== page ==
Sorry, There Is No Silver Bullet

Drugs were a major component of interventions reviewed. (bennylin0724: Flickr)

Drugs were a major component of interventions reviewed. (bennylin0724: Flickr)

If a medical study shows that a treatment has a big effect, how much should you trust it? According to a provocative report published today, not very much.

A group of researchers from across the country — including Stanford Medical Center — and Brazil, looked at more than 85-thousand analyses. (In other words, they reviewed a LOT of research). They found that just under 10 percent of studies found a “very large treatment effect,” defined as a five-fold difference in people who received the intervention versus the control group.

But here the rub: more than 90 percent of the time, those “very large effects” don’t hold up after further research.

Dr. John Ioannidis at Stanford led the study, which is published today in the Journal of the American Medical Association. In an interview he told me, “Most of the time … these very large effects largely evaporated, they became substantially smaller. It’s not that they necessarily went away competely, but they were much, much smaller than the initial study.”

As the researchers say in the first line of their publication, “Most effective interventions in health care confer modest, incremental benefits.”

Of course, a modest benefit is not so bad, as Ioannidis quickly added. “If you have several drugs or types of interventions and each of them could contribute some incremental benefit, that means we may have some room for … progress in getting some better outcomes by using several of those interventions.”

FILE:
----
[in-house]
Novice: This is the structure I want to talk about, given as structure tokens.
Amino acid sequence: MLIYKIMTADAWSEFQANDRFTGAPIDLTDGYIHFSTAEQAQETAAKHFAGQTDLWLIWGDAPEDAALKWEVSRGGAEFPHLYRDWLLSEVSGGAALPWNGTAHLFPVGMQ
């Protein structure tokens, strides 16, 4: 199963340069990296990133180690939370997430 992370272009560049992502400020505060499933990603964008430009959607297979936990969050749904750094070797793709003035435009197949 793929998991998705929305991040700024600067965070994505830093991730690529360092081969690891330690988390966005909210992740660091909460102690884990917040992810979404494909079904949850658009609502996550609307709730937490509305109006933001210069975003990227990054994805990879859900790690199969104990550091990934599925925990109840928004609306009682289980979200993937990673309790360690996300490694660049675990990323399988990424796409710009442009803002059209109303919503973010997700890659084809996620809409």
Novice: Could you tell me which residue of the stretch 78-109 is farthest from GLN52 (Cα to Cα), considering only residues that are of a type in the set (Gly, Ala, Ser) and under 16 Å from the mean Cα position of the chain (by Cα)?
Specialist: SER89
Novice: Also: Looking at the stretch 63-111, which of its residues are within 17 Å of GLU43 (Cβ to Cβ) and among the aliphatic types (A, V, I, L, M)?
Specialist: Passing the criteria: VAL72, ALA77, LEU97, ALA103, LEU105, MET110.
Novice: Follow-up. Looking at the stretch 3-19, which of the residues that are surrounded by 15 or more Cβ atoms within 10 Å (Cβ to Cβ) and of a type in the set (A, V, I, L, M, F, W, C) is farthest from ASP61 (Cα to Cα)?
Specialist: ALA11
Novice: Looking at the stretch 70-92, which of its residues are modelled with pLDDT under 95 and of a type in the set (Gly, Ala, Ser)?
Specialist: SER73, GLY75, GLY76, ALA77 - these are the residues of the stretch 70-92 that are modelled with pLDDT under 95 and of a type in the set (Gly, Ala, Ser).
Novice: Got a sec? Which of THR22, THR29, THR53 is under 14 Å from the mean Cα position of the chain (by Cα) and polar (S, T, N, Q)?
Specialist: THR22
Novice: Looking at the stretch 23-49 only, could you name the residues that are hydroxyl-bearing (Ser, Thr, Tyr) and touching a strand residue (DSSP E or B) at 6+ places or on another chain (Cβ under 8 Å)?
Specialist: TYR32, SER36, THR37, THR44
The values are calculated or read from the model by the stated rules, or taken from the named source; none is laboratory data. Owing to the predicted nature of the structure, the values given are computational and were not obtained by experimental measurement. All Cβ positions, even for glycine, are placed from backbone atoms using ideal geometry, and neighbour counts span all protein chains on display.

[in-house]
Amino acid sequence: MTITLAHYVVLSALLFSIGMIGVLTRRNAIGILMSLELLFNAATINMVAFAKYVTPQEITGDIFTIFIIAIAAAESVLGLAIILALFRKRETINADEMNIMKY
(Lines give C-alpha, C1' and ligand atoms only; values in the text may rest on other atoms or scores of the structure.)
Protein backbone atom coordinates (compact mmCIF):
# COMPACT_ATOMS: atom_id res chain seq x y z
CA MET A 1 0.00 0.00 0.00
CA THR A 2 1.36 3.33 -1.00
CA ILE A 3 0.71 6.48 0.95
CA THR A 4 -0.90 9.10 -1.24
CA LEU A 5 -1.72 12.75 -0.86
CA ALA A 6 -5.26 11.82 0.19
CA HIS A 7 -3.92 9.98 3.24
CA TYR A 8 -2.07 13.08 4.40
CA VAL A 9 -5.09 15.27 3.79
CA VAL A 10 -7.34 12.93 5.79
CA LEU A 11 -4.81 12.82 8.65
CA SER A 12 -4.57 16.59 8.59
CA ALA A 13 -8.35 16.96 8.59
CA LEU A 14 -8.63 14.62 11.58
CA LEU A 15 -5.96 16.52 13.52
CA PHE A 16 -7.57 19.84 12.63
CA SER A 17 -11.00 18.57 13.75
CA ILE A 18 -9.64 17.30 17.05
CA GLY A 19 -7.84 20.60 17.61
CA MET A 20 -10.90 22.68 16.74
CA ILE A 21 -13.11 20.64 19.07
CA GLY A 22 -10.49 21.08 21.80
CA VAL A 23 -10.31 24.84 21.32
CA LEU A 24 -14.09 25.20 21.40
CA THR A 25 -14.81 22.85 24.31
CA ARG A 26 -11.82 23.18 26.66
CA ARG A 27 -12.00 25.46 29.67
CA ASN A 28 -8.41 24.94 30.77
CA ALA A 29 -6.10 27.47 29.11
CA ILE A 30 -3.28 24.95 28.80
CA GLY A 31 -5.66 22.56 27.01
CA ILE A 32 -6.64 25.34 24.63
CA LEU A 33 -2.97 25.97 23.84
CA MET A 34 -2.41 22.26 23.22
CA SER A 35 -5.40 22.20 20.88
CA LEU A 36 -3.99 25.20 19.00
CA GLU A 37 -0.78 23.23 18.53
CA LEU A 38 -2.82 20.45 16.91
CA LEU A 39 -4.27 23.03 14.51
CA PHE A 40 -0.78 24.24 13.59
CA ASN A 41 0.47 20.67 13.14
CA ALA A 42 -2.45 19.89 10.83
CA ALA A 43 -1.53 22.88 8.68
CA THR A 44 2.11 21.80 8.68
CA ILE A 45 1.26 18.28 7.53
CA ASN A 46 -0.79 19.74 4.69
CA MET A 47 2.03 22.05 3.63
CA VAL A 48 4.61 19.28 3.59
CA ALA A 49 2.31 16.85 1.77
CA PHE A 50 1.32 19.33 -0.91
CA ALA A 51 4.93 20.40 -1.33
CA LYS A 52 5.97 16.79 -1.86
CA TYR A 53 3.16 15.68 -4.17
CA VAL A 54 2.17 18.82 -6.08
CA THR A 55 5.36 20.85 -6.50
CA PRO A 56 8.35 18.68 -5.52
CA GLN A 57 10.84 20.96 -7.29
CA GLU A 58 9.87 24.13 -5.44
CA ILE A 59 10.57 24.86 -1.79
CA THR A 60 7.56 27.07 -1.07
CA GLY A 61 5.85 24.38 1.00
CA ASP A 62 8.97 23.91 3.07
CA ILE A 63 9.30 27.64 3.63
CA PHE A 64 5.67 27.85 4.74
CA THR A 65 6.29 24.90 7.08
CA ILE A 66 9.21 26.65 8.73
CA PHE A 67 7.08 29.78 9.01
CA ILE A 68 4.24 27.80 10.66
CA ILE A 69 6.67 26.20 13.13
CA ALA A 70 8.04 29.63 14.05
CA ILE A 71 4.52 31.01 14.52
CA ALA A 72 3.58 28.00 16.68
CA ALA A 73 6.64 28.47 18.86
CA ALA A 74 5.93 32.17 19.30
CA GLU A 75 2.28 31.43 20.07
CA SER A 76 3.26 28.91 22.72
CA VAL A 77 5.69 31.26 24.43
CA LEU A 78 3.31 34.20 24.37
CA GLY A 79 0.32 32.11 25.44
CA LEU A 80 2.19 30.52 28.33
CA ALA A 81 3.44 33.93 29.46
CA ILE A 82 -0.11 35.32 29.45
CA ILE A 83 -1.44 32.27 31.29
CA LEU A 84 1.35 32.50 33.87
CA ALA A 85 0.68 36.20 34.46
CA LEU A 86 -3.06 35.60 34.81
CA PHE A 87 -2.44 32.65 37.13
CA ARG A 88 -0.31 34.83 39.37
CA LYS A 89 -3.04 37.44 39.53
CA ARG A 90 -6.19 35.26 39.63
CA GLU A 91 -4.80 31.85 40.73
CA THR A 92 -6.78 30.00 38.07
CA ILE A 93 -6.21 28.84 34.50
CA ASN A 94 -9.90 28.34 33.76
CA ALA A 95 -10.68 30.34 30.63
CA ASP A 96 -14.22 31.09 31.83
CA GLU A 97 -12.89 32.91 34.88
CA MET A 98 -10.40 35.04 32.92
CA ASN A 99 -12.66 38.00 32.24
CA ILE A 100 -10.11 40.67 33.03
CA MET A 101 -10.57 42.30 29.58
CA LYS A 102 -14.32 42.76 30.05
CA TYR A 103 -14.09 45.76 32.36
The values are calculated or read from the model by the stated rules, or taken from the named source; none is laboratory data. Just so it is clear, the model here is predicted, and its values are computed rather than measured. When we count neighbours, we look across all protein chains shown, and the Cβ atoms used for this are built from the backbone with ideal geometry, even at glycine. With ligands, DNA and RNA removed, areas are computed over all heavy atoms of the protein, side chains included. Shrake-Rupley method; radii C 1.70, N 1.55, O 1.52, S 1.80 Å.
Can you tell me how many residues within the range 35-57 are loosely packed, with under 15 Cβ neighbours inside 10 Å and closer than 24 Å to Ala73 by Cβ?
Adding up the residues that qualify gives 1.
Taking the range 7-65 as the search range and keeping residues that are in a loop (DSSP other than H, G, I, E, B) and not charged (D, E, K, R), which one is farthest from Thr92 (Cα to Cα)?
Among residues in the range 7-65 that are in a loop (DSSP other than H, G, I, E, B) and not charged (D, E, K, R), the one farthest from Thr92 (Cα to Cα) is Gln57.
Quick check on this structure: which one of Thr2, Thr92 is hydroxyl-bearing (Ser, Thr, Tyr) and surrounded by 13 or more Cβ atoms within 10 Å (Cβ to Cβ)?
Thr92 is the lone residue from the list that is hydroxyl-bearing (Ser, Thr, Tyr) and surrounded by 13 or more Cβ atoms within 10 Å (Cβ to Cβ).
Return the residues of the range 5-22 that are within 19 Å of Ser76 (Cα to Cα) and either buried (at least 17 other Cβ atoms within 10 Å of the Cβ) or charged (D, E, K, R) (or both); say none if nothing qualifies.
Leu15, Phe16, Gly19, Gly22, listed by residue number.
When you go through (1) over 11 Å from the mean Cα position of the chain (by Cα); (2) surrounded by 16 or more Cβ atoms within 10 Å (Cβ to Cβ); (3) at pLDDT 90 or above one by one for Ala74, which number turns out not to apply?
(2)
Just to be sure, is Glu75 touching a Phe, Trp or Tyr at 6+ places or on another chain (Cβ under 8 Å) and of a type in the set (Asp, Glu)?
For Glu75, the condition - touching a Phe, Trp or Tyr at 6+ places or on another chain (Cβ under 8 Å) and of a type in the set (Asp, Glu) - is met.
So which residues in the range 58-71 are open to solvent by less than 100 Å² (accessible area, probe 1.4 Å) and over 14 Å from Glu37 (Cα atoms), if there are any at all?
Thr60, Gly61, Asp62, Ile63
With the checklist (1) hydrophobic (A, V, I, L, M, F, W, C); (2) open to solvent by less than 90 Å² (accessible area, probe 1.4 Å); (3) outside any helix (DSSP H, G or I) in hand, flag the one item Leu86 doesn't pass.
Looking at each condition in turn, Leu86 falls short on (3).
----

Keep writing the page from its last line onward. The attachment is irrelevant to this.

Still, when I pointed out that this news was likely to be a big bummer to lots of Americans used to the search for the silver bullet, he laughed softly and said, “Yeah, too bad.” He says that a belief in the silver bullet “creates a vicious circle. It also creates an environment where claims for a silver bullet thrive against such overwhelming evidence.”

There’s room for more skepticism all around, Ioannidis asserts: from scientists, from patients, from the press and its readers, and from citizens. “Whenever a very big discovery, or effect, or extraordinary finding is described,” Ioannidis says, “there should be some skepticism that it’s not as huge, maybe it’s not completely wrong, but it’s not at that magnitude.”

There was only one single case where Ioannidis and his colleagues identified an intervention that dramatically reduced death risk (a treatment for newborns with respiratory failure). Ioannidis admitted that some interventions likely to have big effects are never tested in randomized trials — for ethical reasons. For example, if someone is bleeding profusely, doctors will always try to stop the bleeding. Scientists cannot randomize two groups to test a hypothesis around stopping bleeding.

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